He has two broken ankles, punctured lungs, a neck injury, possible brain damage and his spleen has been removed - but Jarrod Monkley's family say he will fight on.
The 16-year-old has been able to squeeze his mother's hand at Auckland City Hospital where he is recovering after a six-storey fall from a construction site on Monday afternoon.
He cannot speak because he is in an induced coma as he tries to recover from the injuries caused by the fall, which happened at a new Auckland University of Technology building he had been working on for only a month.
"They will keep him asleep because I guess when you wake up the human reaction is to panic," his aunt Kelly Meawasige told the Herald.
"He is responding, though. He's able to squeeze our hands. There's positive things and as a family we all have to think positive and be there for him."
A spokeswoman for the Government's labour department said it was satisfied work practices at the site provided a safe environment. An investigation was unlikely to be carried out.
His mother, Zena Campbell, and father, Kayne Monkley, have not left the hospital since he was brought in.
Ms Meawasige said their concern was his recovery and not what caused him to fall.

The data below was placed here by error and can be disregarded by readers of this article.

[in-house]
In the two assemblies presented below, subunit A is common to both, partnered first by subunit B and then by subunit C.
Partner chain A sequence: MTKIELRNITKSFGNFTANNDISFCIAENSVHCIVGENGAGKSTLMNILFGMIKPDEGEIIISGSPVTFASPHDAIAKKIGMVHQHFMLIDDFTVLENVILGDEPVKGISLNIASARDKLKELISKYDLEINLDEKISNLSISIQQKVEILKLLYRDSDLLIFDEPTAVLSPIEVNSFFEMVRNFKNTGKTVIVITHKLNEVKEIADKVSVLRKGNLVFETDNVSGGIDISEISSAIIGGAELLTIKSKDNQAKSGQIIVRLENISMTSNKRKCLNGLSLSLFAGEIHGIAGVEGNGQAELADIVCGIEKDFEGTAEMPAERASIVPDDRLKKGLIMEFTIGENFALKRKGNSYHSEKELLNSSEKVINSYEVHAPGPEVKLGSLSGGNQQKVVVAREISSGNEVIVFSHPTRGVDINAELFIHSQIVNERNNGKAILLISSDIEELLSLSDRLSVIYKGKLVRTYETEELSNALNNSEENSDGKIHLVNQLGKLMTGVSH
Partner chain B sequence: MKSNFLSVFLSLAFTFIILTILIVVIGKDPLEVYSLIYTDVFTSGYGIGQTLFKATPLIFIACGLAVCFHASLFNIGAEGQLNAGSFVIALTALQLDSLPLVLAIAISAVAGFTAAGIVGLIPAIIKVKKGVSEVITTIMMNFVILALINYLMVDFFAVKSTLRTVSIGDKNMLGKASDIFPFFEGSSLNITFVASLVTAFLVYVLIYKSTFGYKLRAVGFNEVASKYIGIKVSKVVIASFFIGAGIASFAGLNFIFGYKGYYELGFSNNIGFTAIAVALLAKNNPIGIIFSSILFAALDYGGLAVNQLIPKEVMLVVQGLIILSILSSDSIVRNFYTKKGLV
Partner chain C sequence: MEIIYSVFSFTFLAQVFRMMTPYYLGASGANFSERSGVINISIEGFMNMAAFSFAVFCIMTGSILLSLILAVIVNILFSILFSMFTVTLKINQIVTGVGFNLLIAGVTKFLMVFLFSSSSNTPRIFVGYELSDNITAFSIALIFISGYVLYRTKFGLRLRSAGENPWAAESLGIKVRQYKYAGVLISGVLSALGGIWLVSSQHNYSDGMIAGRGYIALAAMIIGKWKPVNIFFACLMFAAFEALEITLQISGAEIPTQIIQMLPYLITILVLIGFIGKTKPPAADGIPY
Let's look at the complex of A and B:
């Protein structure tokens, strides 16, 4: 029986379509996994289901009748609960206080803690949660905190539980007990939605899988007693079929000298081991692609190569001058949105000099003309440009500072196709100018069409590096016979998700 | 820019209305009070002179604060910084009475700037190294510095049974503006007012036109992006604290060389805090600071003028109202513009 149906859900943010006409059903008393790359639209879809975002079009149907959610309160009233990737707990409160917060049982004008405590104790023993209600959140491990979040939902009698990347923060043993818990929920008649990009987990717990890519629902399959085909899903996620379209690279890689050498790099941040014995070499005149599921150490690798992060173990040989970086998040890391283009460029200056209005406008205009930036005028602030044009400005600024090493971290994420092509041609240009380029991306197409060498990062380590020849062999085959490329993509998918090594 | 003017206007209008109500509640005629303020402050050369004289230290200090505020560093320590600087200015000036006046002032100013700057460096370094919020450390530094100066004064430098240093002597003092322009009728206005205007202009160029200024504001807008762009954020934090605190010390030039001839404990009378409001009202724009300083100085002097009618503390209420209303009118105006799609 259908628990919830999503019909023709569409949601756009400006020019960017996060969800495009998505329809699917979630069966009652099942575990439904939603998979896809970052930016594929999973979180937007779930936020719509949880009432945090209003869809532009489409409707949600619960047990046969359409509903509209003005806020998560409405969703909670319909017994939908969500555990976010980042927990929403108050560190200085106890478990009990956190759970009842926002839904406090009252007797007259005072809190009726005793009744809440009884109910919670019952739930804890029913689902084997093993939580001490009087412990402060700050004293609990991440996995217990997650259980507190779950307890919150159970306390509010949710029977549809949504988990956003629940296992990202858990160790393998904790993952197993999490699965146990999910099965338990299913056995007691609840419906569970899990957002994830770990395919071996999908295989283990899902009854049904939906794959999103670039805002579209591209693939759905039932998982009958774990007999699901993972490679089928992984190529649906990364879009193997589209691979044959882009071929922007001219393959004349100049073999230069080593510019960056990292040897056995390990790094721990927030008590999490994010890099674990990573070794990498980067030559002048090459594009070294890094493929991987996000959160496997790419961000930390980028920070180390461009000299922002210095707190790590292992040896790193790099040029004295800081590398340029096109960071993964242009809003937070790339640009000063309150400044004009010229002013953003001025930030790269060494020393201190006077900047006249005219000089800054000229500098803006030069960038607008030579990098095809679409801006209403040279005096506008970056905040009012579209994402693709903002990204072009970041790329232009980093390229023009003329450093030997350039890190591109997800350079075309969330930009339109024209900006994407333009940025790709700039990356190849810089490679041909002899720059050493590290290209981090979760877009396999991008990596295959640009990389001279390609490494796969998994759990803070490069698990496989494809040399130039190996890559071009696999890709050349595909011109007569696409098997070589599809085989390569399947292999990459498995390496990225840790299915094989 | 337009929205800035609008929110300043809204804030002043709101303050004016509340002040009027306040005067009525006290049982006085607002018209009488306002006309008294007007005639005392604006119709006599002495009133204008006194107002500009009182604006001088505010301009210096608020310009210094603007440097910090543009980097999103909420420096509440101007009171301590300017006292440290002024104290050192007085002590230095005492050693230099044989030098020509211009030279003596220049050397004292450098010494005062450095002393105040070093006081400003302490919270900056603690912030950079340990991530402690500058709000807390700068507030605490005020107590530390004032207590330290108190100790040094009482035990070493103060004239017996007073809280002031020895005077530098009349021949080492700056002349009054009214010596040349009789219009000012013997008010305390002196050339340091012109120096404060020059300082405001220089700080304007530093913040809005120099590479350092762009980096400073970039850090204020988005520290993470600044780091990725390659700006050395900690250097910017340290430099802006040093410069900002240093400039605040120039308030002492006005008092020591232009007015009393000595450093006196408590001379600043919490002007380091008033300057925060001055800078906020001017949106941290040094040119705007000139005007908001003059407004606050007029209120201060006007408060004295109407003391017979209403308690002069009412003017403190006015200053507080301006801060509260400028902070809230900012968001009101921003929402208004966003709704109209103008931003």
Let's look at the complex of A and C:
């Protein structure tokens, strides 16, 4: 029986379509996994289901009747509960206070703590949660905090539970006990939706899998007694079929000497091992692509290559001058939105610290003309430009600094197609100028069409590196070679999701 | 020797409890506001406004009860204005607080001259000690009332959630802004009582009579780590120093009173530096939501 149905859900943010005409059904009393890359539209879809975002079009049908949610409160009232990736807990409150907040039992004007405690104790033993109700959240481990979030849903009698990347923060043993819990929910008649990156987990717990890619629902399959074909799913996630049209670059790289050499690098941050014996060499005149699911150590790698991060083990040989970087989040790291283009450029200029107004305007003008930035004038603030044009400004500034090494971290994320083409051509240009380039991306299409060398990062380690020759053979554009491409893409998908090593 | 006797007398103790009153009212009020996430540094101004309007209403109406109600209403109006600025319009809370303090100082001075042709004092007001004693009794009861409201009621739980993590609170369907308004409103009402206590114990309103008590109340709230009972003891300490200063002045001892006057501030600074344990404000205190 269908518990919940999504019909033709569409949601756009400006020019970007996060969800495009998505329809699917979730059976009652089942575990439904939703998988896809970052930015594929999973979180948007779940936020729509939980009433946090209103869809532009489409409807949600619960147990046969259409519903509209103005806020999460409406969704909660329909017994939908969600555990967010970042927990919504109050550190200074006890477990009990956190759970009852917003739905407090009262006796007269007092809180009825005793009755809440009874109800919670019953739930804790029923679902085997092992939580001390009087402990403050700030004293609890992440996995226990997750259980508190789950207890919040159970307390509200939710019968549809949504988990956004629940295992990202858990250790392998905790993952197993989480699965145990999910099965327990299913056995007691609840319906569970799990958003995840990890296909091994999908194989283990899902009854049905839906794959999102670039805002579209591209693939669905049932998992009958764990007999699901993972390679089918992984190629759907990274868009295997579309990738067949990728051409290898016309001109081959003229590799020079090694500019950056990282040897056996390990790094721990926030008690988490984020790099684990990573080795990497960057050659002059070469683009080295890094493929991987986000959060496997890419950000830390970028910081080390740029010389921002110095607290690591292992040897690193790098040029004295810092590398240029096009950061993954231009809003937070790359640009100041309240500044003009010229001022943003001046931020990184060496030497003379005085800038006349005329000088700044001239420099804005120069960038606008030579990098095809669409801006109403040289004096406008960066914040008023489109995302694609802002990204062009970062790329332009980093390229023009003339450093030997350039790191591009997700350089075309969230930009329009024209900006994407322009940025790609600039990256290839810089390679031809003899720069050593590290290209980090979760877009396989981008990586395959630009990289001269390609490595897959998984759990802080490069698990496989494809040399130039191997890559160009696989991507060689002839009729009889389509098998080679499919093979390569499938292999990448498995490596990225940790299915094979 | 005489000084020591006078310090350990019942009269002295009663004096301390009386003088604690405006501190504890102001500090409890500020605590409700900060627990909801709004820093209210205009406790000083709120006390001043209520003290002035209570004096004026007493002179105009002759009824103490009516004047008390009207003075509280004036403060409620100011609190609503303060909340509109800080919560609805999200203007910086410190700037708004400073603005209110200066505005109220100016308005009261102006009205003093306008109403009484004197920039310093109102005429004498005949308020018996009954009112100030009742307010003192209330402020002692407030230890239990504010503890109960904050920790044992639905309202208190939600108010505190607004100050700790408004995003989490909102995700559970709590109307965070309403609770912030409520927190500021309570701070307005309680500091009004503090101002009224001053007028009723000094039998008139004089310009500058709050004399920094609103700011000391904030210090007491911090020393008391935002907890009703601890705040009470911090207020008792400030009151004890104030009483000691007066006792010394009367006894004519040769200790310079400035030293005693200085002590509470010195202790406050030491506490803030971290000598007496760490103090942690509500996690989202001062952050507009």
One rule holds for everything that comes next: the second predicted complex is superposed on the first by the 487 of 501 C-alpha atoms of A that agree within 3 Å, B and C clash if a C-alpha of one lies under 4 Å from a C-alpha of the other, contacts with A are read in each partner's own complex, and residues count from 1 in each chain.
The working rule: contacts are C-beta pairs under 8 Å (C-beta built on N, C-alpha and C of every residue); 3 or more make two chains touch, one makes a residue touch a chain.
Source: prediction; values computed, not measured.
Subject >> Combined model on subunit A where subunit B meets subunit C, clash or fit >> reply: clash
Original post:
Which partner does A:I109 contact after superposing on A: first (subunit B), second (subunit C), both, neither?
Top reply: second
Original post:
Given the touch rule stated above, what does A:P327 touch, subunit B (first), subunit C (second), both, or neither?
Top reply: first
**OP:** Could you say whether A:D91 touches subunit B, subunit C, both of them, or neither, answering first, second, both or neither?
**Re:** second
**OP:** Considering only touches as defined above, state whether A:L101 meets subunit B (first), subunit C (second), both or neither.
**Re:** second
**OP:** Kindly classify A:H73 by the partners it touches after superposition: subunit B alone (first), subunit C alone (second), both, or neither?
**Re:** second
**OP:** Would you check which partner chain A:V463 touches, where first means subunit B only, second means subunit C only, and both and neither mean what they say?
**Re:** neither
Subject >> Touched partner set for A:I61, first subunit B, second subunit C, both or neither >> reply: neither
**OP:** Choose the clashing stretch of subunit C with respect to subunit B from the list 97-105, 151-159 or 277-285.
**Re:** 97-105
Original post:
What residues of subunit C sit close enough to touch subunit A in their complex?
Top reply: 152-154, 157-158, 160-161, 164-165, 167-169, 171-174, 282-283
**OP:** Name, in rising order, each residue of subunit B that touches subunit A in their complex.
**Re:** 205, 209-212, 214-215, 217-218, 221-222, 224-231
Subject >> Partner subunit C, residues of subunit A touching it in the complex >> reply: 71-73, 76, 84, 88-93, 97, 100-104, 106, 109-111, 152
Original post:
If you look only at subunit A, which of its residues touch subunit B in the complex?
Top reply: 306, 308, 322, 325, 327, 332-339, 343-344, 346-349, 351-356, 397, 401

"Regardless of what, where and why, our main concern at the moment is him.
"Things will happen how they're meant to happen and all our concern is to get him through and let him know we are there."
She said he had only recently left Rosehill College to start with the company contracted to work on the AUT building.
His father worked for the same firm, but was at another site when the accident happened. Jarrod's aunt said he did the interview on his own and won the job "on his own merits".
"He was excited by it and had just started at the gym. That's what the doctors are saying now, he is so fit, he's young, he's strong [and] that will help him get through."
Family members had been speaking with him "like he was awake".
"It's very difficult. You tend to want to break down. As you can imagine his mum and dad are devastated."
The fact that he had been able to gently squeeze their hands had given the family hope. Ms Meawasige felt it was a miracle he had got this far, given the distance he fell.
"But you know what - he's our boy and he will do it."
Ms Meawasige said he loved sport, especially cricket and rugby, and was adored by his three sisters and younger brother.
Friends filled Jarrod's Facebook page with messages of support.
"You're a true battler bro, you never give up," wrote Jonathan Keen, while Paul Dillon posted: "Keep fighting Jarrod, stay strong buddy ... Rise again little fighter."
The 250 workers at the AUT site were allowed back to work yesterday after a blessing ceremony.